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UF study: Outlook for Florida real estate market not all bad

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The University of Florida’s (UF) fourth quarter survey of Florida real estate trends finds that things aren’t all bad. While the outlook for sales of homes and condos in Florida remains sluggish, the real estate prognosis for business properties is much better as it rides on a still-strong state economy, according to Wayne Archer, director of UF’s Bergstrom Center for Real Estate Studies.

Nearly half of Florida real estate experts say it’s a poor time to build single-family housing and more than two-thirds say the same about condos, but they’re more optimistic about all other types of properties. The results are from the center’s fourth quarterly survey of Florida real estate trends that was completed in October.

“Condominium markets are clearly struggling and single-family markets are softening, although, contrary to some news reports, we don’t see evidence of prices tumbling,” Archer says. “But the picture is pretty healthy when you look at everything else. One important indicator of the real estate market is occupancy rates, and these appear to be stable or increasing in most markets, including apartments, office buildings, retail space, and industrial warehouse and distribution space.”

More than 70 percent of those surveyed said now is a bad time to build condos, and 46 percent said the same thing about single-family housing; but for 10 other property types the respondents were predominantly neutral or even positive, he says.

The foundation for the upbeat view about business property is the relative health and growth of Florida’s economy, Archer says.

“Employment is very good and the fundamentals that drive rental income and occupancy are still very strong,” he says. “In addition, interest rates have remained perhaps a little more stable than some people expected.”

The share of respondents expecting future declines in absorption rates – the rate at which properties are able to be leased or sold – remains unchanged for single-family housing at 61 percent since July, Archer says. It inched up slightly for condos, from 69 to 71 percent.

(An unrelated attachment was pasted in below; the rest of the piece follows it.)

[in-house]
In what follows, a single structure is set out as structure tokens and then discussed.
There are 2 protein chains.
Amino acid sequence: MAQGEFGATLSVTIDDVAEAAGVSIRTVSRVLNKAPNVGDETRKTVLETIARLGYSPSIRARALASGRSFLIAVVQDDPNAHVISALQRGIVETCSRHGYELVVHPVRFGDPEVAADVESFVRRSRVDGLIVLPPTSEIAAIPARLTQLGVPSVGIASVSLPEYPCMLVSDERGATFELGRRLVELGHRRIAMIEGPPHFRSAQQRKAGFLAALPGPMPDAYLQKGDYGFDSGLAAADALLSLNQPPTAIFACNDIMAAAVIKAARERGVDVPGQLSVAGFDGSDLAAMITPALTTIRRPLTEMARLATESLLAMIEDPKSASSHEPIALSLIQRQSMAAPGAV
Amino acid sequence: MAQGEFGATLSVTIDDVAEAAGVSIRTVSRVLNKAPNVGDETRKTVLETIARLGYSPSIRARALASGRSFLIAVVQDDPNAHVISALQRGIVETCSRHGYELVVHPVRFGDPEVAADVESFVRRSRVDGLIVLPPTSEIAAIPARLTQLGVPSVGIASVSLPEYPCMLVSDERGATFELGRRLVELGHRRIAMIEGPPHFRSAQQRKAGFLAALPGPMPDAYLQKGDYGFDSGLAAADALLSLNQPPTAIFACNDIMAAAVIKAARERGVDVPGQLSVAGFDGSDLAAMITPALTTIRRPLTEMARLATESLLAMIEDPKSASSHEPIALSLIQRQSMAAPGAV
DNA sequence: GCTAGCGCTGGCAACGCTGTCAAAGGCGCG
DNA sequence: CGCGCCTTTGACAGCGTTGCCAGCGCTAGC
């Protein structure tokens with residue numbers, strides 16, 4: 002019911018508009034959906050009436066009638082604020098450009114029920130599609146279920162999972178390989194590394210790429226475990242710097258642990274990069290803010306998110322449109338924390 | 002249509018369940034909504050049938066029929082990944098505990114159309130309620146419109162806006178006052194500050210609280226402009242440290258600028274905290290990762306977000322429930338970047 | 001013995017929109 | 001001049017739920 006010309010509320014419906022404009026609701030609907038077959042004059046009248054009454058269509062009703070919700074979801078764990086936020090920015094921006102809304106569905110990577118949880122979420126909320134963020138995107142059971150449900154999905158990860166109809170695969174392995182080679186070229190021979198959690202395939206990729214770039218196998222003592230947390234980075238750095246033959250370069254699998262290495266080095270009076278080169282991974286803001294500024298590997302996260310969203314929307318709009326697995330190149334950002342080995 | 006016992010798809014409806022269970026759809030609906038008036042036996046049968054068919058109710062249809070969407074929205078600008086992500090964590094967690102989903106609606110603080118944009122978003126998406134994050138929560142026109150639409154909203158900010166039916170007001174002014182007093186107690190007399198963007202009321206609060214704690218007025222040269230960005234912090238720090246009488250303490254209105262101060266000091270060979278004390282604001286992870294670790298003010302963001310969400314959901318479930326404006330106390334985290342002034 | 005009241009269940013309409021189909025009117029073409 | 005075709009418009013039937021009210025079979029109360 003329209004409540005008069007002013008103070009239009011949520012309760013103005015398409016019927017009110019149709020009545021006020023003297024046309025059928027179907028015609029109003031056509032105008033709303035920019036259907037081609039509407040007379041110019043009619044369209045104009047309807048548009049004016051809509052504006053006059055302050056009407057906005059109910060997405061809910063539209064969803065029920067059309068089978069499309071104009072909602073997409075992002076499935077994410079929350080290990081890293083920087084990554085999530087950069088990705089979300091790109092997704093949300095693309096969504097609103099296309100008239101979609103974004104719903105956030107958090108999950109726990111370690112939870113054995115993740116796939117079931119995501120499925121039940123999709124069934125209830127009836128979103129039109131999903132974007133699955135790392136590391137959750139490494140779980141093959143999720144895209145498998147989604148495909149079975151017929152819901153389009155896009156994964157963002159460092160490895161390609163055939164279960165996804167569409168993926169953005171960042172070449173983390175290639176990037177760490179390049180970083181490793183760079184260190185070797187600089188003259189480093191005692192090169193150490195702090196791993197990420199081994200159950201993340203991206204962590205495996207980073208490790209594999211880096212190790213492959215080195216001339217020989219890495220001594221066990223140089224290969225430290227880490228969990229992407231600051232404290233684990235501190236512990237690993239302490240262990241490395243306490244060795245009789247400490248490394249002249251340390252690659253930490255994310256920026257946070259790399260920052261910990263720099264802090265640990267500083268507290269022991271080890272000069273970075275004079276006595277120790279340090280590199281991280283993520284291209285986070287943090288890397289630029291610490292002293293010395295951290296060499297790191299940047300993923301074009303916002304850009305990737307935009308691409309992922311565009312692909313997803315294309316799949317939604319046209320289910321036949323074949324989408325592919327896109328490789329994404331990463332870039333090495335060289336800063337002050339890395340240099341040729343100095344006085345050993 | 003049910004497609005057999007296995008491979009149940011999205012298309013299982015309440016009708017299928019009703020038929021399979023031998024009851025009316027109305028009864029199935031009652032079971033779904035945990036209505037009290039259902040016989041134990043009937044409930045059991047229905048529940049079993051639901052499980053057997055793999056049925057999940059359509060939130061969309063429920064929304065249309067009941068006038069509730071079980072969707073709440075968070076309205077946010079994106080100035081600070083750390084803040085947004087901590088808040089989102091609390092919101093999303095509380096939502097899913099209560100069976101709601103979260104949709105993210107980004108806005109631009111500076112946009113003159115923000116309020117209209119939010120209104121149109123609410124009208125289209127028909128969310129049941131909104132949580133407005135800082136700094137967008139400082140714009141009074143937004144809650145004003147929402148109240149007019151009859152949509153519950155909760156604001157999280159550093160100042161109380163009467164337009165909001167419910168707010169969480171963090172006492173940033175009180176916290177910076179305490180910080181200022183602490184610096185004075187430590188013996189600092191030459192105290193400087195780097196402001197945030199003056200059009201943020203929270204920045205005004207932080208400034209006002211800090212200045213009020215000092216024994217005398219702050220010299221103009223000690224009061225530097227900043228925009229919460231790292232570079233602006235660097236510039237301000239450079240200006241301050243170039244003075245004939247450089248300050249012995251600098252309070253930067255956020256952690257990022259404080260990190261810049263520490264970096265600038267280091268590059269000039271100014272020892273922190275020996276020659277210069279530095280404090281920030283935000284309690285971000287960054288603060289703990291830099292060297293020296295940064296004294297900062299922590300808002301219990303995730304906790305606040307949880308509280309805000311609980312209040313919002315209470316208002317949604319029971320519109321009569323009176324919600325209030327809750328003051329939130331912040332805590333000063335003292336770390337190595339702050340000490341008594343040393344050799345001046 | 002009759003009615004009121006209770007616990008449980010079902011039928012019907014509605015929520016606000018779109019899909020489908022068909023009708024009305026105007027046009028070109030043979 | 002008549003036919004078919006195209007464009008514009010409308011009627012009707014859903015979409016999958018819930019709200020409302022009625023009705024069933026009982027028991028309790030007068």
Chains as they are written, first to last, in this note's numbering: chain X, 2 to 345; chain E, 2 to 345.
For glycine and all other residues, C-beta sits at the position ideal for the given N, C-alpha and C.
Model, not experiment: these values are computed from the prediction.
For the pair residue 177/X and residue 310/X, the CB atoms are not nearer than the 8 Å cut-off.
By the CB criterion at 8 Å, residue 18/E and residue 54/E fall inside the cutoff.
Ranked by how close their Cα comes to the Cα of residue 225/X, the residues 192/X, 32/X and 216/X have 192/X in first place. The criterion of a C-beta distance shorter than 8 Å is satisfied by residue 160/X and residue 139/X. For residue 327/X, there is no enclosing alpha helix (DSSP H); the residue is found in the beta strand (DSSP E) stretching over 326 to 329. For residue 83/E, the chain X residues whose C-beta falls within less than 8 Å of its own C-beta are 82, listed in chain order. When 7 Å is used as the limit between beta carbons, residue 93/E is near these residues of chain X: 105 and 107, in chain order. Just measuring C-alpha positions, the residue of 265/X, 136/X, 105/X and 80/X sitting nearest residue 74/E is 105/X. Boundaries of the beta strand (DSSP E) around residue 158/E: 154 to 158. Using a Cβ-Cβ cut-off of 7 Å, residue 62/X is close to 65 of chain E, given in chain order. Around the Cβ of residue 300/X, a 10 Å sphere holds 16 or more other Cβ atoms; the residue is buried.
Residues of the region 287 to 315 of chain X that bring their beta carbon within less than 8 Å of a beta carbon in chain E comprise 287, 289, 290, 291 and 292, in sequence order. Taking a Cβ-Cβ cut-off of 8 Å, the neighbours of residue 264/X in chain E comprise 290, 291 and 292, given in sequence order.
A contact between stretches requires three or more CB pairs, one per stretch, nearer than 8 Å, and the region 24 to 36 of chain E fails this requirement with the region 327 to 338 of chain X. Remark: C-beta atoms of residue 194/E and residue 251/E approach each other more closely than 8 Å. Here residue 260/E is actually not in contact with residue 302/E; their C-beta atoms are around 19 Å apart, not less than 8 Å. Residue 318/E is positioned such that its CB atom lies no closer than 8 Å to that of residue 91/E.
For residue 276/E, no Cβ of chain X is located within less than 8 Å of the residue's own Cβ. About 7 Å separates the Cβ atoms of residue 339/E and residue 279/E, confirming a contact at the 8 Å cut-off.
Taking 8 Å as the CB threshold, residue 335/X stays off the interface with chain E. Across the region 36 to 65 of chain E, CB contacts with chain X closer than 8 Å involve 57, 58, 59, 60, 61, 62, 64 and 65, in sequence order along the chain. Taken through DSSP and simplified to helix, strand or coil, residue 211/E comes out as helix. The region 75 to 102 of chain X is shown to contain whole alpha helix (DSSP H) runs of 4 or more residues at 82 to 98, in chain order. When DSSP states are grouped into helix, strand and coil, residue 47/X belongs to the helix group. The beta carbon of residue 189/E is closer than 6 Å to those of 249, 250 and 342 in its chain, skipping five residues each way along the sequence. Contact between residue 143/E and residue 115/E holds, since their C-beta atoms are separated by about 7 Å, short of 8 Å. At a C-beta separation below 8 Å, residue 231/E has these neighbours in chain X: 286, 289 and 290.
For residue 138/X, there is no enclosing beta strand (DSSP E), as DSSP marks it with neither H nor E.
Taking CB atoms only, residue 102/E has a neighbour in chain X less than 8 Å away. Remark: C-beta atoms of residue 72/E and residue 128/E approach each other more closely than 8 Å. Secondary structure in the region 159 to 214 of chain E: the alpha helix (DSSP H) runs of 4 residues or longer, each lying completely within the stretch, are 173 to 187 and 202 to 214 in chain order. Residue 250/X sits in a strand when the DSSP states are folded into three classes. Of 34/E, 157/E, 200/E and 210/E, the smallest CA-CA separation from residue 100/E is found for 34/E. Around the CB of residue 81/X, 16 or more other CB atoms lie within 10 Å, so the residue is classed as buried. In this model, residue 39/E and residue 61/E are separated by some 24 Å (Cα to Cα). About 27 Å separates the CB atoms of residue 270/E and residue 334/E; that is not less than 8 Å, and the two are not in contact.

“The main question we focused on is how bad it is,” he says. “There have been so many news reports and rumors flying about how the condo bubble has burst and how the length of time it takes to sell a house has increased dramatically.”

The results were somewhat more sobering for prices. The percentage of respondents expecting single-family residential prices in Florida to drop doubled from 24 percent in July to 47 percent in October, he says.

For condominiums, the rate of decline was not as dramatic as it was for single-family homes because expectations had already dropped in July, Archer says. Forty-four percent of respondents said they expected condo prices to decline in October, compared with 38 percent in July, he says.

“Condos have always been one of the most volatile markets in real estate,” he says. “They’re a place where naïve investors find it easy to jump in and speculate.”

The condo market is probably overbuilt at the moment, with properties taking longer than usual to sell, Archer says.

“If history is any indication, condos that have special attributes, such as waterfront or lakefront, are those that are going to survive the best,” he says.

One sign that pessimism about single-family housing and condos does not extend to other real estate markets in Florida is in capitalization rates, the measure of how fast an investment will pay for itself in net cash, Archer says. If there is growing apprehension about rental markets, capitalization rates should increase in response to rising perceived risk, but respondents reported capitalization rate increases of less than a third of a percent and even some decreases among 10 major property types since July, he says.

The increasing cost of homeowners’ insurance in Florida was again a major concern in this survey, as it was in the previous quarterly survey released in September. “However, the fact that the investment outlook remains stable to positive for most property types and the fact that cap rates remain stable, signaling continued investor confidence, are both indicators that the immediate insurance crisis is not yet being viewed as so bad that it has changed real estate markets,” Archer says.

For the survey, UF’s Survey Research Center asked a series of questions of 183 industry executives, real estate lawyers, market analysts, title insurers, financial advisers, market research economists, real estate scholars and other experts in the field. More information is available on the center’s Web site at


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